The tough letters, the ones that lie around on my desk for days, sometimes weeks, awaiting a response are the letters I get from friends in prison.  They are not asking for anything.  They are not asking for their sentences to be reduced, for money to be sent to their accounts, or for me to talk to their lawyers or prosecutors.  They are not even asking for my sympathy.  They are asking for nothing except maybe a reply.  Something from the outside world; from another human being; yes, from a friend.  Words from someone outside of bondage who recognizes they still exist.  That they are still relevant to the world in some way.  That they still merit some time and attention, meager as it may be.

I’ve been receiving these types of letters for years.  I always respond, sometimes belatedly.  But I have never fashioned what I consider an adequate reply.  How do you tell a person in prison to “have a nice day”?

Have a nice day wearing the same khaki garb you wore yesterday and will wear tomorrow. 

Have a nice day eating three meals of institutional food on stainless steel trays in a roomful of hundreds of sullen convicted felons.

Have a nice day hearing the continuous sound of metal doors clanging instead of the hum of a passing car or the shrieks of children playing down the street.

Have a nice day seeing your loved ones through Plexiglas only on certain days and times.

Have a nice day sauntering around the same sterile landscape of concrete and asphalt, paradoxically called “the yard.”  

Have a nice day living like this for the next five years, ten years, or the rest of your life.

I’ve never found the right words—ones that do not sound hollow or meaningless.

Neither does it seem humane to mention even the most mundane things in life which we all take for granted.  Things like mowing the grass, shopping at the mall, taking your kids or grandkids to ball practice, eating fresh vegetables, or simply sitting through the dawn of a summer day on your front porch with a porcelain cup of steaming coffee in your hand.  All of these things would surely make the heart of the deprived reader ache at the thought of such blessings needlessly forfeited.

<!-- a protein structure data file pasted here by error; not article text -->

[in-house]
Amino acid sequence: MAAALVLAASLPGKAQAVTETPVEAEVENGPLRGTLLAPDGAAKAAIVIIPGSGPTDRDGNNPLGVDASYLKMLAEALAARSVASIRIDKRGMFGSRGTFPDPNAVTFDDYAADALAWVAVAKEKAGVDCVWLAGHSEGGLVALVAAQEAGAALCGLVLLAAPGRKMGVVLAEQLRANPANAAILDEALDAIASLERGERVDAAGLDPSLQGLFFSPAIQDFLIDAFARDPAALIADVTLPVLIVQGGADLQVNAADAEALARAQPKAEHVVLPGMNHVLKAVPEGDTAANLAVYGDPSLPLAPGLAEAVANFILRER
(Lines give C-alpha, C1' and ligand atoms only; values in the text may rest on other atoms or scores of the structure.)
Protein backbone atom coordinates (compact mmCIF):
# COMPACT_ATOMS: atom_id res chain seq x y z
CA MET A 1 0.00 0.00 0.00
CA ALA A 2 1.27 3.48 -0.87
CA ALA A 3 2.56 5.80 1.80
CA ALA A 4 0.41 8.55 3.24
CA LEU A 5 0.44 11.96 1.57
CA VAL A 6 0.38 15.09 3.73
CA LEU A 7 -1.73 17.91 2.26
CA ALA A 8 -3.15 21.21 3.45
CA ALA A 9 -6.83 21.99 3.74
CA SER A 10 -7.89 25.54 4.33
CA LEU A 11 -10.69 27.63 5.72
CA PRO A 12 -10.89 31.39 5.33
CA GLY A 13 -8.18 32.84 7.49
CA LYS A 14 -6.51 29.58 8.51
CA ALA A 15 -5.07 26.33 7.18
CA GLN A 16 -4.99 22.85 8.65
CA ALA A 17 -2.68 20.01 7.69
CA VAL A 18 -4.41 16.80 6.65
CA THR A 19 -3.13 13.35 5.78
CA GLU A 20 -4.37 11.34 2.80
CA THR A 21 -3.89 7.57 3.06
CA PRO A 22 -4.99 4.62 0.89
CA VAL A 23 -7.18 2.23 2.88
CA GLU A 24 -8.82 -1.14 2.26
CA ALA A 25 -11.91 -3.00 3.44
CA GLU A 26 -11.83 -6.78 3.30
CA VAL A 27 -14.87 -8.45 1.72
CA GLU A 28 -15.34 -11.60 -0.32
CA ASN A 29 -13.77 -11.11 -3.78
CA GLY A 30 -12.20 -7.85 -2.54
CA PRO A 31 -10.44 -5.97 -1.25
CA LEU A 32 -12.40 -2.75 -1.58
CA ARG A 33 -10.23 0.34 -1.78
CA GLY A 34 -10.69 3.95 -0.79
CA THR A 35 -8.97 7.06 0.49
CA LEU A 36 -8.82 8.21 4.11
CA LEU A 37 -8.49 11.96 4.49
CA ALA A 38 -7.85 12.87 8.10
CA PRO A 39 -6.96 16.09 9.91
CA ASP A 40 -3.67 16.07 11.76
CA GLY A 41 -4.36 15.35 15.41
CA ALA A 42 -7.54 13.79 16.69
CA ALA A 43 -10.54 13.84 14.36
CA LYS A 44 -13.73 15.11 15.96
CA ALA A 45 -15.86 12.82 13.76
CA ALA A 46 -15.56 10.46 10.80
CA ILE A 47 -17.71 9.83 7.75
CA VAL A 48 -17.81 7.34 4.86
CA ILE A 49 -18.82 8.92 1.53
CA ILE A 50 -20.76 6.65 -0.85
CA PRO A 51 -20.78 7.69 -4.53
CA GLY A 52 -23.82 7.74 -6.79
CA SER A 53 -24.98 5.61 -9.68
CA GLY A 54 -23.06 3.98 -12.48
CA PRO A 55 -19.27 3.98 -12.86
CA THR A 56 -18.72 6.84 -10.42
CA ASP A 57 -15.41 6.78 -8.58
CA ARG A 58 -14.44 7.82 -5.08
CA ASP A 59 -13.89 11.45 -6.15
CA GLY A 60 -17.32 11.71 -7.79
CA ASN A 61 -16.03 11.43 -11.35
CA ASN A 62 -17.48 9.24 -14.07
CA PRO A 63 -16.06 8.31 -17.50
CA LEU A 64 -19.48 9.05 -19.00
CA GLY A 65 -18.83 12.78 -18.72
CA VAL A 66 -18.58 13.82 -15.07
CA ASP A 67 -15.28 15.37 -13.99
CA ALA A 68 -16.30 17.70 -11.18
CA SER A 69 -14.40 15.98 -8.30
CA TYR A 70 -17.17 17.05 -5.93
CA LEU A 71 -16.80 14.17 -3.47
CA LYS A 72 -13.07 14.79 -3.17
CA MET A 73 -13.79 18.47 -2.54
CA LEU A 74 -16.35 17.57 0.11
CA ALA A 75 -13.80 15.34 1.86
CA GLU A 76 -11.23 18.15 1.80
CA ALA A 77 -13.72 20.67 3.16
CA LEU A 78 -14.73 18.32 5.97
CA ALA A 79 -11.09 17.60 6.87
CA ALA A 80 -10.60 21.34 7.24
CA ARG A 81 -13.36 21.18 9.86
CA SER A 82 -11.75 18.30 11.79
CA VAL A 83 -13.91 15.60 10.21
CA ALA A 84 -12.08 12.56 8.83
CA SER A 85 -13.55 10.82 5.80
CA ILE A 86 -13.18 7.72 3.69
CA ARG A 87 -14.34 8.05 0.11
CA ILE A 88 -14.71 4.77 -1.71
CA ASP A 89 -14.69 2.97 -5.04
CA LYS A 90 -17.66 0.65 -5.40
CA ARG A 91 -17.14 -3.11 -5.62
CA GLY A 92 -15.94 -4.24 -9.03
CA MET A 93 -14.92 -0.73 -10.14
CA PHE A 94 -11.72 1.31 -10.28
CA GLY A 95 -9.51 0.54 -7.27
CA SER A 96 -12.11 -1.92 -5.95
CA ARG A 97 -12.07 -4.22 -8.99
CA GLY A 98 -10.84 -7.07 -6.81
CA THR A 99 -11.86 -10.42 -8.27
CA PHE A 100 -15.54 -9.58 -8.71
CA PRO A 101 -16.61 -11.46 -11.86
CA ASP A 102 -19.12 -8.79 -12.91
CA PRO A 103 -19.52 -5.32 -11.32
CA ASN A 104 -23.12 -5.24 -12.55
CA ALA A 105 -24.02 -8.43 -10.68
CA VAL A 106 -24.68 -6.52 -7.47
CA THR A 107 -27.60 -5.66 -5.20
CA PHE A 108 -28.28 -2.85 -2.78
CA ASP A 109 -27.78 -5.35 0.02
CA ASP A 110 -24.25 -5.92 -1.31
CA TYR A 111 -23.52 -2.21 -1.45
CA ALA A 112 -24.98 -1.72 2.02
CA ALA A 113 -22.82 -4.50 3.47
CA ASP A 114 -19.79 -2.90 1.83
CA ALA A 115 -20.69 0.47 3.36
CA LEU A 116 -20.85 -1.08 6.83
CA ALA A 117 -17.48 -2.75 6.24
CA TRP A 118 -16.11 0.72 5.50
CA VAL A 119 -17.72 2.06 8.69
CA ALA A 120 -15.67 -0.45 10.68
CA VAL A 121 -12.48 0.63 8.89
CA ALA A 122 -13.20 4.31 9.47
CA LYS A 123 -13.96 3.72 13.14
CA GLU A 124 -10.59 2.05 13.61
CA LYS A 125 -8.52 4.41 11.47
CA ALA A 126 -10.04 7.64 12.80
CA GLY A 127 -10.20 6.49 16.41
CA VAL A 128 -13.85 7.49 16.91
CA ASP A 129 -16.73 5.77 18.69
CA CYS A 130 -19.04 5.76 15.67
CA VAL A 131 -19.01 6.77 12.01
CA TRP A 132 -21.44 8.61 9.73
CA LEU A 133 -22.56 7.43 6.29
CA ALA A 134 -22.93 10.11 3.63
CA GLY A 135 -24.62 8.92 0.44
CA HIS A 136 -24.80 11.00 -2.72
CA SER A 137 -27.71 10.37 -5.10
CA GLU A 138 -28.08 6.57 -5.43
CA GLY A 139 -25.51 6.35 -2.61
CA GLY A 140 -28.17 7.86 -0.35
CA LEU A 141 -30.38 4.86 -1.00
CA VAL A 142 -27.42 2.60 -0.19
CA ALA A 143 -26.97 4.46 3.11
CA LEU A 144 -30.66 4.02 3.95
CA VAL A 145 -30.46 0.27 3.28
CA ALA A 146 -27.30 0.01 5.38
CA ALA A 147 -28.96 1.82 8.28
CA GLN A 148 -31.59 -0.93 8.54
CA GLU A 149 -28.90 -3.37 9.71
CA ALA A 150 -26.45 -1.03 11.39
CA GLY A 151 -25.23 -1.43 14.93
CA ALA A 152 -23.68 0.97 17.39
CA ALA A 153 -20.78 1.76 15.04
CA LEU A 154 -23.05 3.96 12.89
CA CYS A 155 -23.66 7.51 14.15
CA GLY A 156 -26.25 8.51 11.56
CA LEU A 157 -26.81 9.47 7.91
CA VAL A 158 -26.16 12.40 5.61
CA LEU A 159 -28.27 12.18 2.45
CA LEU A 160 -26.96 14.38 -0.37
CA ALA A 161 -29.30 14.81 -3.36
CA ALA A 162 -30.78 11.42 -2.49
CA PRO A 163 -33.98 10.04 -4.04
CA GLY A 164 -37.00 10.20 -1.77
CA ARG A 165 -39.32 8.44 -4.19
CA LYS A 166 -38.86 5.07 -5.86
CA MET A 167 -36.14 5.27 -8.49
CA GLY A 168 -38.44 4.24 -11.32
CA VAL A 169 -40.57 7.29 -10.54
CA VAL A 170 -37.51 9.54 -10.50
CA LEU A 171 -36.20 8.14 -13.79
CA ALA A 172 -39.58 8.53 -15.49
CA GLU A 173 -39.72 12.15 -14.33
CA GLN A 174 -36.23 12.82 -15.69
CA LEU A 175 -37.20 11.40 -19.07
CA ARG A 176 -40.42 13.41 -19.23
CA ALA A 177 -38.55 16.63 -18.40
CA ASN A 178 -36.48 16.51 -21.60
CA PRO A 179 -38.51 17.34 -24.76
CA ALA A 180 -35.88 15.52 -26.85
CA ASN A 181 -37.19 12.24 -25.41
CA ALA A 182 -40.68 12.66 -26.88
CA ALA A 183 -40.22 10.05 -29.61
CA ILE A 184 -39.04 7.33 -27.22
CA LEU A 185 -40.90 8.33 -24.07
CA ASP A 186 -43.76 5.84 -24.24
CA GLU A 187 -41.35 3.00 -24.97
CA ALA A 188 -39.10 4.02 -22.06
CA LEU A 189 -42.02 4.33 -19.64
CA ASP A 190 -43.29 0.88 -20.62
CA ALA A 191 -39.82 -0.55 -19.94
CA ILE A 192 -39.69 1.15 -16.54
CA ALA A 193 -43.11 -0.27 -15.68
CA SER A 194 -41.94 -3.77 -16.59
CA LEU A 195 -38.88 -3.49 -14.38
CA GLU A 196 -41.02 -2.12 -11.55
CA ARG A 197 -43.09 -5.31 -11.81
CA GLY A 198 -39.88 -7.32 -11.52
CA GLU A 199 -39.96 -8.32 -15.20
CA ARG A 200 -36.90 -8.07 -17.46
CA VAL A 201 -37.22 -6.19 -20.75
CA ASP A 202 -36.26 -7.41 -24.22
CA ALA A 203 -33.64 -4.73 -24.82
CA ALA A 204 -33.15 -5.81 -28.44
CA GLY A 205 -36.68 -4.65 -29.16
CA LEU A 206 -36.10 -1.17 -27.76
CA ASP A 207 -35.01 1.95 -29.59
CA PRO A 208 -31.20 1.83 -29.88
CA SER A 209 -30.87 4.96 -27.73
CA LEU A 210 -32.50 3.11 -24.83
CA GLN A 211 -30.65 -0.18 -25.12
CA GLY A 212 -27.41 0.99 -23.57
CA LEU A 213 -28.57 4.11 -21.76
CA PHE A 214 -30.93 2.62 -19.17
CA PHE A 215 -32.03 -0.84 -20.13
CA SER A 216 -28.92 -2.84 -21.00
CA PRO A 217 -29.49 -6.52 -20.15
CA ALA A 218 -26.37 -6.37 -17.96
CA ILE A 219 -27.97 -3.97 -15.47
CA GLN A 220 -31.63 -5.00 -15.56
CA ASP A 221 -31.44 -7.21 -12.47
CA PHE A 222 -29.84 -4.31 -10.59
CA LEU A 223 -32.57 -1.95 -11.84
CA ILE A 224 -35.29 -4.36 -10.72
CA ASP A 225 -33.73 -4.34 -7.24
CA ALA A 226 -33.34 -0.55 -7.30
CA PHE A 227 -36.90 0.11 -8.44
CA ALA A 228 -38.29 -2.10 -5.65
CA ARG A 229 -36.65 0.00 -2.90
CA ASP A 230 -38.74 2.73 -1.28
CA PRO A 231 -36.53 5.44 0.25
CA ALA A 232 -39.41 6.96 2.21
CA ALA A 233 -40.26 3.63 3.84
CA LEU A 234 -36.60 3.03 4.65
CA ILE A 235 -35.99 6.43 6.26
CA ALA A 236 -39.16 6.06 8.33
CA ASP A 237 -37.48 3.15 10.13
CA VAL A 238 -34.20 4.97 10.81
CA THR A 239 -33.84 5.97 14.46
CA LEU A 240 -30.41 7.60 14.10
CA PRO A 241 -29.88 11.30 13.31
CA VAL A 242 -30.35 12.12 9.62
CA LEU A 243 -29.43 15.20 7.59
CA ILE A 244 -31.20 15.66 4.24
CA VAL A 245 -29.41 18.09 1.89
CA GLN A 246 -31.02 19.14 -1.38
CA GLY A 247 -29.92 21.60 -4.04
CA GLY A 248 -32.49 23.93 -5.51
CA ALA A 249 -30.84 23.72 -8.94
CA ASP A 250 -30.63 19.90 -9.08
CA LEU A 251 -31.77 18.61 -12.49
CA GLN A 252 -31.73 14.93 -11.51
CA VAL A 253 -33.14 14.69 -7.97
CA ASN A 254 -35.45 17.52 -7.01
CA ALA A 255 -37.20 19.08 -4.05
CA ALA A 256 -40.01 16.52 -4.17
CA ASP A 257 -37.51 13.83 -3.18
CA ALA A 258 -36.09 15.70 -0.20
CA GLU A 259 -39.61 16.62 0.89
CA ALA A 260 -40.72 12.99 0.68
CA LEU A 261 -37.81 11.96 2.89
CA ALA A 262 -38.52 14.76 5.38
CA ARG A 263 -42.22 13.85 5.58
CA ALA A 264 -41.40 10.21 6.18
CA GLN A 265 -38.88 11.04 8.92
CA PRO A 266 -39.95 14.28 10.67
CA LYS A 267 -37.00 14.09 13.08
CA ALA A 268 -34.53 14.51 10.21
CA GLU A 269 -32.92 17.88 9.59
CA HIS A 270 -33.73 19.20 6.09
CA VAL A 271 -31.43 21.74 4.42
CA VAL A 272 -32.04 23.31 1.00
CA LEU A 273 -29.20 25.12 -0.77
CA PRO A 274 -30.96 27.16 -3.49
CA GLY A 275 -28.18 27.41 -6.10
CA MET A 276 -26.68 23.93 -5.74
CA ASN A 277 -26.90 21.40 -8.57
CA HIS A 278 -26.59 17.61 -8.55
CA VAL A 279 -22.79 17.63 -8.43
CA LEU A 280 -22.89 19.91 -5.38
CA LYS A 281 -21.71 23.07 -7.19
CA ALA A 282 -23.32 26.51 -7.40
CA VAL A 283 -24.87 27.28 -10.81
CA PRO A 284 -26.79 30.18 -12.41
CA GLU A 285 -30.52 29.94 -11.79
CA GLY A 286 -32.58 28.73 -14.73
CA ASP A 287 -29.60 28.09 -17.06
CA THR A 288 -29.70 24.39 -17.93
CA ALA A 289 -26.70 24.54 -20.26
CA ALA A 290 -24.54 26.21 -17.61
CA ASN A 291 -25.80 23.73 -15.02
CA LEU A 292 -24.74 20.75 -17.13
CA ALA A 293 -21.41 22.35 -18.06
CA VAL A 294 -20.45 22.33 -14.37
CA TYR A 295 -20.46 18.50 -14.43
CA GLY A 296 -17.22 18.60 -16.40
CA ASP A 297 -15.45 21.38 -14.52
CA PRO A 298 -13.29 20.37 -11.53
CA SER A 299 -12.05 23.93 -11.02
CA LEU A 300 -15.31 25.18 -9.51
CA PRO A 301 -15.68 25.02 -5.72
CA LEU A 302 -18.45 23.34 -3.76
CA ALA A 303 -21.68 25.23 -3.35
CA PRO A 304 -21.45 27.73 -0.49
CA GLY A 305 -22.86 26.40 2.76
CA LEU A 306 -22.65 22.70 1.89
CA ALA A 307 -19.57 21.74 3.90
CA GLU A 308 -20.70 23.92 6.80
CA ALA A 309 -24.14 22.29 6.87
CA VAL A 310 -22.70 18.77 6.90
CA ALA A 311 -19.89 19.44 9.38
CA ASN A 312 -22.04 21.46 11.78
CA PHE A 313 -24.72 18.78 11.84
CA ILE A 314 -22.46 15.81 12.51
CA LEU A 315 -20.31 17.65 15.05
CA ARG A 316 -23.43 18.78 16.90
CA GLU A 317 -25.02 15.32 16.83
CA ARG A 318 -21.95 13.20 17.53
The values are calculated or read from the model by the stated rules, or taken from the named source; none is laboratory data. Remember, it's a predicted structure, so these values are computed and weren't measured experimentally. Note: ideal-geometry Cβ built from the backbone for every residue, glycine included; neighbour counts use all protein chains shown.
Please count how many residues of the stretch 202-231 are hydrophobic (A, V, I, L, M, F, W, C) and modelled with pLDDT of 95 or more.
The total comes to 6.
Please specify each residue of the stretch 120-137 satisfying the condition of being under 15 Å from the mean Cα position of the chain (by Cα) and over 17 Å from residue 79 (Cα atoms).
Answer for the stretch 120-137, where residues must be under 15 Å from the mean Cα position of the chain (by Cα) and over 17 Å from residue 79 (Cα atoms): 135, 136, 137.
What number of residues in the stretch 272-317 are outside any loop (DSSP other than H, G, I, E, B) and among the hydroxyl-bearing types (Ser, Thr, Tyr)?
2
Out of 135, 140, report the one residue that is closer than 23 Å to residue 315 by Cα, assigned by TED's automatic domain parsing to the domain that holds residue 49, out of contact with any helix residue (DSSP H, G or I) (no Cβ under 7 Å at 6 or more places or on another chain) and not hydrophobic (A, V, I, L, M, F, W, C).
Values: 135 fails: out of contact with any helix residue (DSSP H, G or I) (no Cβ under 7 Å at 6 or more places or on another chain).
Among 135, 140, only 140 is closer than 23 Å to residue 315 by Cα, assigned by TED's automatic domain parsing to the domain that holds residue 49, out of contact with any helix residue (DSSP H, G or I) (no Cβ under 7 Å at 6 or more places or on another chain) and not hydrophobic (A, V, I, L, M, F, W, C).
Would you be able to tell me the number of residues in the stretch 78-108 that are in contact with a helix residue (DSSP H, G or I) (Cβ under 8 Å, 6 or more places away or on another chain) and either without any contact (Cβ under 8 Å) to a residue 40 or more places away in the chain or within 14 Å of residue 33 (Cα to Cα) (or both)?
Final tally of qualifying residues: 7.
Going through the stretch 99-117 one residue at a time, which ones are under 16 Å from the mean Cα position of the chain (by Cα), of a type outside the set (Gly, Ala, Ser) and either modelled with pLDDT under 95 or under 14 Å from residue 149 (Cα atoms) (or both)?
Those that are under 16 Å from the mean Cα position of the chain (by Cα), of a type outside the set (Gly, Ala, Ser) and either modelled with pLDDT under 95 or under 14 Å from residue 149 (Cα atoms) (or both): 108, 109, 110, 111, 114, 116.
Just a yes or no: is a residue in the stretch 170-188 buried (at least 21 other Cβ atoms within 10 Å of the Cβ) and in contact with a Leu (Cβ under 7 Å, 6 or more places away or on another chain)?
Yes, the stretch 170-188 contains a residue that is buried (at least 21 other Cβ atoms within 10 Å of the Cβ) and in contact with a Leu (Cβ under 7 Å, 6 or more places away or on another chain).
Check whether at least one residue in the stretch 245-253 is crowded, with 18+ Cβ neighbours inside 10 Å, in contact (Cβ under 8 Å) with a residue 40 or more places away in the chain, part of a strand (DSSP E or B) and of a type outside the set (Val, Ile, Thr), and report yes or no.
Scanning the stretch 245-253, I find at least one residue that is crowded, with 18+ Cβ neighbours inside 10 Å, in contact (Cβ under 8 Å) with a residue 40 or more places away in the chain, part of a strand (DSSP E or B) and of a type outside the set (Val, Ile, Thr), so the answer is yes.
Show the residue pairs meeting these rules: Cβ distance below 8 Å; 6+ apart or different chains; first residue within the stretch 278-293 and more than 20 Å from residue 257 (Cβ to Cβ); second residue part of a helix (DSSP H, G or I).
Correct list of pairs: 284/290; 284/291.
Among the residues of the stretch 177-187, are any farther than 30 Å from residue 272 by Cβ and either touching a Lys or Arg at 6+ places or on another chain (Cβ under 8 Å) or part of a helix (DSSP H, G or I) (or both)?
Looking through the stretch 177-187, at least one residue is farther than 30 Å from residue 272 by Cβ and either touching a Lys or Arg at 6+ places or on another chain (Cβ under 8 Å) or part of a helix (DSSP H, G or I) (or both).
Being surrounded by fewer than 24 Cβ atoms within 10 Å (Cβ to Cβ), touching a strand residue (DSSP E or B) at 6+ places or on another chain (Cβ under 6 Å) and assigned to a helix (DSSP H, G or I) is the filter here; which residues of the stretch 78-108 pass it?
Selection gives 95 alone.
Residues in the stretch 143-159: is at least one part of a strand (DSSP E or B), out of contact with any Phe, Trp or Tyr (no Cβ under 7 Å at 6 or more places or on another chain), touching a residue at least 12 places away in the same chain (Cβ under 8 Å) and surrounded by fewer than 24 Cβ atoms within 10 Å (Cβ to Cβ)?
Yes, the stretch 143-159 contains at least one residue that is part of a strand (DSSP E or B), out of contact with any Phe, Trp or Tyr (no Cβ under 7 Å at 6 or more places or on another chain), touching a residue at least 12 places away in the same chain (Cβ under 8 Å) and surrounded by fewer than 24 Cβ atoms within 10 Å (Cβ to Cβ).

So, these letters lie on my desk for a while as I conjure the will to respond to them.  To tackle the daunting task of writing something which is honest and yet hopeful.  It doesn’t take much.  I have another letter on my desk from a friend in a Louisiana prison.  He is 72 years old.  He said that my last letter to him had motivated him to go out on the yard and do something about his poor physical shape by doing pushups and sit ups.  I think that all I did in my letter was to merely inquire about his health.

We do not have to receive jail mail from friends in prison to be confronted with this somber challenge.  The need to respond and offer hope to people confronts us all, almost on a daily basis.  We are constantly encountering those friends who have fallen upon the thorns of life and are bleeding.  The friend dying from cancer, the friend whose spouse is dying from cancer, the friend who has lost a child, the friend who has suffered a stroke and cannot move or speak.  We all must answer “jail mail” from those dear people who have been imprisoned—perhaps for the rest of their lives—by a terminal disease, unbearable loss, or a life changing tragedy.  It may even be a friend who has been the victim of a crime and who is unalterably scarred by the experience.  An injury inflicted by a person similarly situated with my friends who write me “jail mail” from prison.